How to Survive Thanksgiving Dinner with Family

By Bill Arbuckle
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A family serves Thanksgiving dinner
Photo by Element5 Digital on Unsplash
If you find yourself heading over the river and through the woods to grandmother's house, check out these five simple tips to help you survive Thanksgiving dinner with family.

Two things bring a chill to the Thanksgiving holiday: an unexpected blizzard and an invitation to the annual family dinner. While you may spend a few days digging out from the snowfall, the fallout from a family get-together can last several years. So, if you find yourself heading over the river and through the woods to grandmother’s house, check out these five simple tips to help you survive Thanksgiving dinner with family and maybe even enjoy the pumpkin pie.

Every family has its quirks. Uncle John tells the same story every year. Great-Aunt Suzie insists on bringing her yappy dog and feeding it table scraps. Mom notices you’ve put on a few pounds and Cousin Steve insists on cheering for the Lions even though everyone else roots for the Packers. (Sorry, Detroit fans.) It’s enough to drive anyone crazy. Now, add jet lag, unrealistic expectations, cooped-up kids and memories of old family conflicts. No wonder families only do this once a year!

What if this year’s Thanksgiving dinner could be different? You might still get stuck listening to Uncle John’s timeworn tales, but you can choose how you and your spouse will deal with some of the challenges that come with family get-togethers.

Dr. Greg Smalley, Vice President of Marriage at Focus on the Family recommends trying one of these
ideas:

Choose to respond with grace

You can’t control your family, but you can control your responses to the things they say or do. The best time to think about how you’ll respond is before you leave home. Think of it this way: You already know what kind of comments to expect. (, it is family.) What if you responded to those comments with grace? Not sure what that looks like? Here’s a nugget of ancient wisdom: “A soft answer turns away wrath, but a harsh word stirs up anger” (Proverbs 15:1). You can’t just pretend everything is fine, but imagine the difference you could make by choosing grace instead of hurtful remarks.

Decide how to deal with snarky comments and criticisms

“Do not take to heart all the things that people say” (Ecclesiastes 7:21). Have you ever felt it’s easier to talk to strangers than family? Maybe it’s because families rely on a sort of “shorthand” — we reference events (“Remember the time?”) or tell old stories to make a point but we forget that there is a person behind the story and each person has different memories and emotions associated with that event. Not all those emotions are positive. How will you respond when someone tells a story about you? When they make light of something that hurt you deeply? You can return the hurt or you can respond with logic and fact. It’s also OK to say, “That’s enough.” And remember that you don’t have to jump into the middle of an argument. Acknowledge what is being said but refuse to be baited into a dispute.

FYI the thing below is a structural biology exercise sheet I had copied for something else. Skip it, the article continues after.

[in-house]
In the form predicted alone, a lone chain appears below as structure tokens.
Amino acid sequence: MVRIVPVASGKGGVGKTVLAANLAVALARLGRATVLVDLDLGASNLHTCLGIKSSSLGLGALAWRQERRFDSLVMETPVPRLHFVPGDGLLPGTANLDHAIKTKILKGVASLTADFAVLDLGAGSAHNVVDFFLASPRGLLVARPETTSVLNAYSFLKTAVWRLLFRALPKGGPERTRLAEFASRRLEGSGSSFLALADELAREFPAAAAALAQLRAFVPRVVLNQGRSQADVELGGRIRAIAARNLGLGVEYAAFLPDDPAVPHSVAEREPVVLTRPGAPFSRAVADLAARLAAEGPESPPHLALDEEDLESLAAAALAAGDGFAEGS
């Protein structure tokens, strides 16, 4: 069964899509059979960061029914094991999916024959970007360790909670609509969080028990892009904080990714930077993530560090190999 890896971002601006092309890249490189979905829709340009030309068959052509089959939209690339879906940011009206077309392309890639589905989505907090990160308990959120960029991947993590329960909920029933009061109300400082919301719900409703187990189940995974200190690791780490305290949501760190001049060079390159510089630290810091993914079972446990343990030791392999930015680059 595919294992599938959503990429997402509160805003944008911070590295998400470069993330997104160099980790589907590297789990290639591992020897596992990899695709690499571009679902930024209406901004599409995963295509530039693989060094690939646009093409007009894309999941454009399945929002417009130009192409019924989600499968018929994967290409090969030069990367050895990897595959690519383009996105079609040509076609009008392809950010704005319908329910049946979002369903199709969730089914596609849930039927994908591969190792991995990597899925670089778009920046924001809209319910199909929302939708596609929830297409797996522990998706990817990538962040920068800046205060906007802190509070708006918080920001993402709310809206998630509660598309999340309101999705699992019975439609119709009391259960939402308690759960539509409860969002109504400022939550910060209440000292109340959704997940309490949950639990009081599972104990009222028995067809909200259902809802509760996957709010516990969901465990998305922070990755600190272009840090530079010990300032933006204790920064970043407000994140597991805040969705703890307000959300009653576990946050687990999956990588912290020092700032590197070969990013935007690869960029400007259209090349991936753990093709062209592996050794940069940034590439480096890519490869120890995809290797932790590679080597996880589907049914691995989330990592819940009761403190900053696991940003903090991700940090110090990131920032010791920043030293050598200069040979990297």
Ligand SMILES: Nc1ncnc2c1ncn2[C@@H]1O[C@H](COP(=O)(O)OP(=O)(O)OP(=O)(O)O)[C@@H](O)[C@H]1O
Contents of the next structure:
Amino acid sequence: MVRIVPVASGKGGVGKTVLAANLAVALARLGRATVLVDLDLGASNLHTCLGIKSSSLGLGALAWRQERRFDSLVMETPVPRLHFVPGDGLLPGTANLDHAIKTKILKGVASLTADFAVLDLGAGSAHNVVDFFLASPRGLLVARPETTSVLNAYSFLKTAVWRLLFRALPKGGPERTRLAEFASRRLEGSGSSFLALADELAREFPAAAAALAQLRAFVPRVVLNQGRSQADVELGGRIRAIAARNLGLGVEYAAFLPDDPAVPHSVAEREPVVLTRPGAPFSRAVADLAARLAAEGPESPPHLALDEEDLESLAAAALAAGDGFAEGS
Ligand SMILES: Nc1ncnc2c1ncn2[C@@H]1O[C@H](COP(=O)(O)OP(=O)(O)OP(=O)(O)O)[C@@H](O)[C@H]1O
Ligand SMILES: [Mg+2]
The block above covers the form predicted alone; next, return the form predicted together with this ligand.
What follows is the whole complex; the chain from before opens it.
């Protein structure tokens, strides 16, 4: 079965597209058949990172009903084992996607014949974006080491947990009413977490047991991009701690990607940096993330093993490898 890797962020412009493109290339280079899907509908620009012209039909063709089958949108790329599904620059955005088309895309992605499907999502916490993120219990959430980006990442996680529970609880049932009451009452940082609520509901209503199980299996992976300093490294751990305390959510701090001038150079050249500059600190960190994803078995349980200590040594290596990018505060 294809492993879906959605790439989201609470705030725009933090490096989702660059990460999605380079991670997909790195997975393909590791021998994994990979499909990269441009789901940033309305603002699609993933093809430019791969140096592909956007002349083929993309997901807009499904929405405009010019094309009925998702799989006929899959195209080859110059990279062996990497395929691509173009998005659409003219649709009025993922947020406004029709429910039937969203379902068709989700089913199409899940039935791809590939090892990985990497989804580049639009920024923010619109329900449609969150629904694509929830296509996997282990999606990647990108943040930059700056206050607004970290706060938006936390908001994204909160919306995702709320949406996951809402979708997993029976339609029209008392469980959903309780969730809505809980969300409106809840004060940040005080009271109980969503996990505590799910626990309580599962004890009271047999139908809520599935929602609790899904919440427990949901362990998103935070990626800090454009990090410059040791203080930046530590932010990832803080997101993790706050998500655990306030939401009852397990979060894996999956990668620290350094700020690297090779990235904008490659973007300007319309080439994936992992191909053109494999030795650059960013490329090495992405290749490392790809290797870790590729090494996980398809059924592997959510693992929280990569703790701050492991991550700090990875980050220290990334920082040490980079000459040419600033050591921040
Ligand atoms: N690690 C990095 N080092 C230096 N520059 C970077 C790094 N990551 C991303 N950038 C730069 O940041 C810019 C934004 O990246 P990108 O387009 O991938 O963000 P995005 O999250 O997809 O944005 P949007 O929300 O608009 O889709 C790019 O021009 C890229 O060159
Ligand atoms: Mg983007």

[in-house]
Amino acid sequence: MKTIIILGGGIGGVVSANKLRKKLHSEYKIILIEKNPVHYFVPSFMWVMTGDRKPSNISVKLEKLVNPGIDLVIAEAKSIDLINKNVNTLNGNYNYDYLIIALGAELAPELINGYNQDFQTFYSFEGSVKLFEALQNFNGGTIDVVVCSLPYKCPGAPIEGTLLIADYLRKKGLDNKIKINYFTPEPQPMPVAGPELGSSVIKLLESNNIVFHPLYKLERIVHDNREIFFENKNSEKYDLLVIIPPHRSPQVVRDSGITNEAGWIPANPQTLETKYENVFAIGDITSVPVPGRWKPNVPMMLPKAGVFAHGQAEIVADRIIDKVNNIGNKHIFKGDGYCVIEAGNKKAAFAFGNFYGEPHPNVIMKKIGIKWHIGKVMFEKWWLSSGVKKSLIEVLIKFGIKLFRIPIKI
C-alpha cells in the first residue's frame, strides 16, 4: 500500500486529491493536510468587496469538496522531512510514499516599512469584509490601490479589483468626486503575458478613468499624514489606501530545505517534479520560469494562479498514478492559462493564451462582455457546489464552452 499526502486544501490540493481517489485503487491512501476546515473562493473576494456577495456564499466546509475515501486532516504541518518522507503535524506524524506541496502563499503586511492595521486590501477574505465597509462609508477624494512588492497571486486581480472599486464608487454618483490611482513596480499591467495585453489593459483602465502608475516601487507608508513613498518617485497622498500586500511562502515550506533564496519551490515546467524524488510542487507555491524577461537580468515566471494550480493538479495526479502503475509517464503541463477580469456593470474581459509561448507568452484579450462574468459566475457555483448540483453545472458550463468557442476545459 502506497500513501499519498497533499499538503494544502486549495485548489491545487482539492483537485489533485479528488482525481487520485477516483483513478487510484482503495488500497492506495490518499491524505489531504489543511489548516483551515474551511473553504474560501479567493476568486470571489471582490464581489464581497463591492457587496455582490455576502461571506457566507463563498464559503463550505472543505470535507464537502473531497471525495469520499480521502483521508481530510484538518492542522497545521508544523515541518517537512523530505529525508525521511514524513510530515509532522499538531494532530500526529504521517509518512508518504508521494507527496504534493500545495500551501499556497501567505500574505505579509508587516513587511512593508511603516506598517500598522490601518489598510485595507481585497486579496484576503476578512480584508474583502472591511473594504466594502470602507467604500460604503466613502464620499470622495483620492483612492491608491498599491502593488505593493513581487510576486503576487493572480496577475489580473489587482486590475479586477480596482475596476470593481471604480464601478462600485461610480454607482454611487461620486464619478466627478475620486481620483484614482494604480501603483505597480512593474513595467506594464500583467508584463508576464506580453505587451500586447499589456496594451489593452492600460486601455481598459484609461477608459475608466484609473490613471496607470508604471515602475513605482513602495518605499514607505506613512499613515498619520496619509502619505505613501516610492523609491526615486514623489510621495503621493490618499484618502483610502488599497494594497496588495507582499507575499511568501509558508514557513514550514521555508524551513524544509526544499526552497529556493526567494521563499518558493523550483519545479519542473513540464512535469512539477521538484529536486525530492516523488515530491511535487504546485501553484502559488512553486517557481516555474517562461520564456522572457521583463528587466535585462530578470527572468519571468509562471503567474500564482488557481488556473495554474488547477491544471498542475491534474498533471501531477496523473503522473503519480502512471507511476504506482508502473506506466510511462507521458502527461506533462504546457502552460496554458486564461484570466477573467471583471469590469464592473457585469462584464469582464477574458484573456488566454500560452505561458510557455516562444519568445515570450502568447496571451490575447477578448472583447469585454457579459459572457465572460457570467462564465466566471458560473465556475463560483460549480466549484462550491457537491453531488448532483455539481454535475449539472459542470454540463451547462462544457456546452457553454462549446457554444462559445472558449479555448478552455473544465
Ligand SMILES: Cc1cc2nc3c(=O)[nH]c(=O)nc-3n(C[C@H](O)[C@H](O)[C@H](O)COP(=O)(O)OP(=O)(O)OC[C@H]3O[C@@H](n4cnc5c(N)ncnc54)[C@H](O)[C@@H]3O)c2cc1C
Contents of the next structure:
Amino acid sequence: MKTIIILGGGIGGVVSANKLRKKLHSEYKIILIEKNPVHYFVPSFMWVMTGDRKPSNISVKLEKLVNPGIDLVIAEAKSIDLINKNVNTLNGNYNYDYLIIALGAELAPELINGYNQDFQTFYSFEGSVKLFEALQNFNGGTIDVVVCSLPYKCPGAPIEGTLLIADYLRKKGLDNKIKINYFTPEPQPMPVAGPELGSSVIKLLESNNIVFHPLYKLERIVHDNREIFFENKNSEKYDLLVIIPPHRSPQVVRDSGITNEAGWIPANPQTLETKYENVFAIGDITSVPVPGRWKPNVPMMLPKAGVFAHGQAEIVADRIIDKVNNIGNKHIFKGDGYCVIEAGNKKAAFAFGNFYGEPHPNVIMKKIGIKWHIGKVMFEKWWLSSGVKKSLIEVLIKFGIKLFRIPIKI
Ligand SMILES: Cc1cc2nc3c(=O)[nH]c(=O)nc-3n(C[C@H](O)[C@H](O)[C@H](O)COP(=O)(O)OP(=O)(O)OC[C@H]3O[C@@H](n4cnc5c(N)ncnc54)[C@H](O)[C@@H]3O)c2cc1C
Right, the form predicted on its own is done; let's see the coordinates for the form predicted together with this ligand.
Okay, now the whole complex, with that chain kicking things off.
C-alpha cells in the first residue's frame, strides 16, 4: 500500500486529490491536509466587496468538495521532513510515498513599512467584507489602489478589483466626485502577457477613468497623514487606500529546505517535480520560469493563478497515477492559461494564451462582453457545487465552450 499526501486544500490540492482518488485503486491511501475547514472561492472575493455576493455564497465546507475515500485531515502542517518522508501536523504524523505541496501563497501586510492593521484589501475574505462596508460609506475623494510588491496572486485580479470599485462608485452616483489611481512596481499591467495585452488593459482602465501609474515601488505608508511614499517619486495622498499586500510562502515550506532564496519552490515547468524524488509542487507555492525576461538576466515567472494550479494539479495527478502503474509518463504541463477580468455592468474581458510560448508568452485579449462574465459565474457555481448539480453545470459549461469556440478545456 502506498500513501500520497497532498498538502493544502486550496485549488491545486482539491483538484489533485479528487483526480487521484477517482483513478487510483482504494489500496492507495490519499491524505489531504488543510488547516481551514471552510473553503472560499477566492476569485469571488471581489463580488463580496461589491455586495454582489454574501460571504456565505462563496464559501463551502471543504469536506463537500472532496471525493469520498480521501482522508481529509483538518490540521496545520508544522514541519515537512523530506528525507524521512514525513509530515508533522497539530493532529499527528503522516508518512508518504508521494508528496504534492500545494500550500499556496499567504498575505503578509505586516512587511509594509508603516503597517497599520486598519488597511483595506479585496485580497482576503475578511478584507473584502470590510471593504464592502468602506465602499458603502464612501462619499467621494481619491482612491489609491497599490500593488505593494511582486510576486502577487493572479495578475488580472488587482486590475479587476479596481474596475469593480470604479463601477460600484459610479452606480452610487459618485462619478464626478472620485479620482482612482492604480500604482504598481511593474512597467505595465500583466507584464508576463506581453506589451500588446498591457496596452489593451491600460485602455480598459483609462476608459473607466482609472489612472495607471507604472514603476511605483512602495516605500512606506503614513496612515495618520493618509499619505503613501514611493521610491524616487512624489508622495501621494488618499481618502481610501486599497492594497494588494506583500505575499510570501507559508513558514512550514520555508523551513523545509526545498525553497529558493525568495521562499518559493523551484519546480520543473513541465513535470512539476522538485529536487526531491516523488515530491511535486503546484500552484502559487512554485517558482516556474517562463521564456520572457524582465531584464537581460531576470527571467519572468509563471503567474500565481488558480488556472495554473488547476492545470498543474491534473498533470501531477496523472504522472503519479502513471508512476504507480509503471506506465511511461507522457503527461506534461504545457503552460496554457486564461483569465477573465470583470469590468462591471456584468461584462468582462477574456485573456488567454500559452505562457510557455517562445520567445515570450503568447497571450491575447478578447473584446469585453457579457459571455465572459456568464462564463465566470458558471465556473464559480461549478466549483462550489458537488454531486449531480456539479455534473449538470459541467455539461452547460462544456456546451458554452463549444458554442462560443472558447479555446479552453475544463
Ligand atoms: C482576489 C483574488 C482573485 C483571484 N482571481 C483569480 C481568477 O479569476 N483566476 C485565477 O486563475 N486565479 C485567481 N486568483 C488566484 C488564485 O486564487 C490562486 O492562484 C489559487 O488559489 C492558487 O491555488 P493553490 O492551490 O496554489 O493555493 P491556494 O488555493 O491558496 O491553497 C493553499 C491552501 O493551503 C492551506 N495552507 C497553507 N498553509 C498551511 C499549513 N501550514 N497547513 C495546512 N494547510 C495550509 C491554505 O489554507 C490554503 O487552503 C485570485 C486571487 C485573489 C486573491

Find a safe place

Give yourself permission to take a break. If the situation feels too intense or overwhelming, remember you have options. Take a break. Go to another room. Call a friend. Go for a walk.Talk to your favorite cousin. It’s healthy to retreat and refresh. You’ll find dealing with tough situations is easier after you’ve taken time to rest.

Plan to support your spouse

You may look forward to seeing your family. Your spouse might feel different because of past interactions or hurtful comments. Talk with your spouse to learn how they feel about spending Thanksgiving with your family. Are there concerns? How will you support your spouse when the conversation turns critical? Can you set healthy boundaries with family? Remember your relationship with your spouse takes priority and you may need to gently remind your extended family of that fact.

Keep it short and sweet

If you know you’re walking into a difficult situation or can’t get out of family plans, find a way to minimize your time with them. Make other plans (maybe even with your spouse’s family) that give you enough wiggle room to arrive late or leave early. Limiting time with extended family doesn’t mean you love them any less. It says you value the relationships enough to give them your very best during the time spent together.

Enjoy Thanksgiving dinner

It’s OK to feel nervous about spending time with relatives. But you can enjoy time together and avoid digging out from family friction by making wise decisions about how you deal with stress and support your spouse. Now, if we could just guarantee good travel weather…


© 2019 Focus on the Family. All rights reserved. Originally published on FocusOnTheFamily.com.

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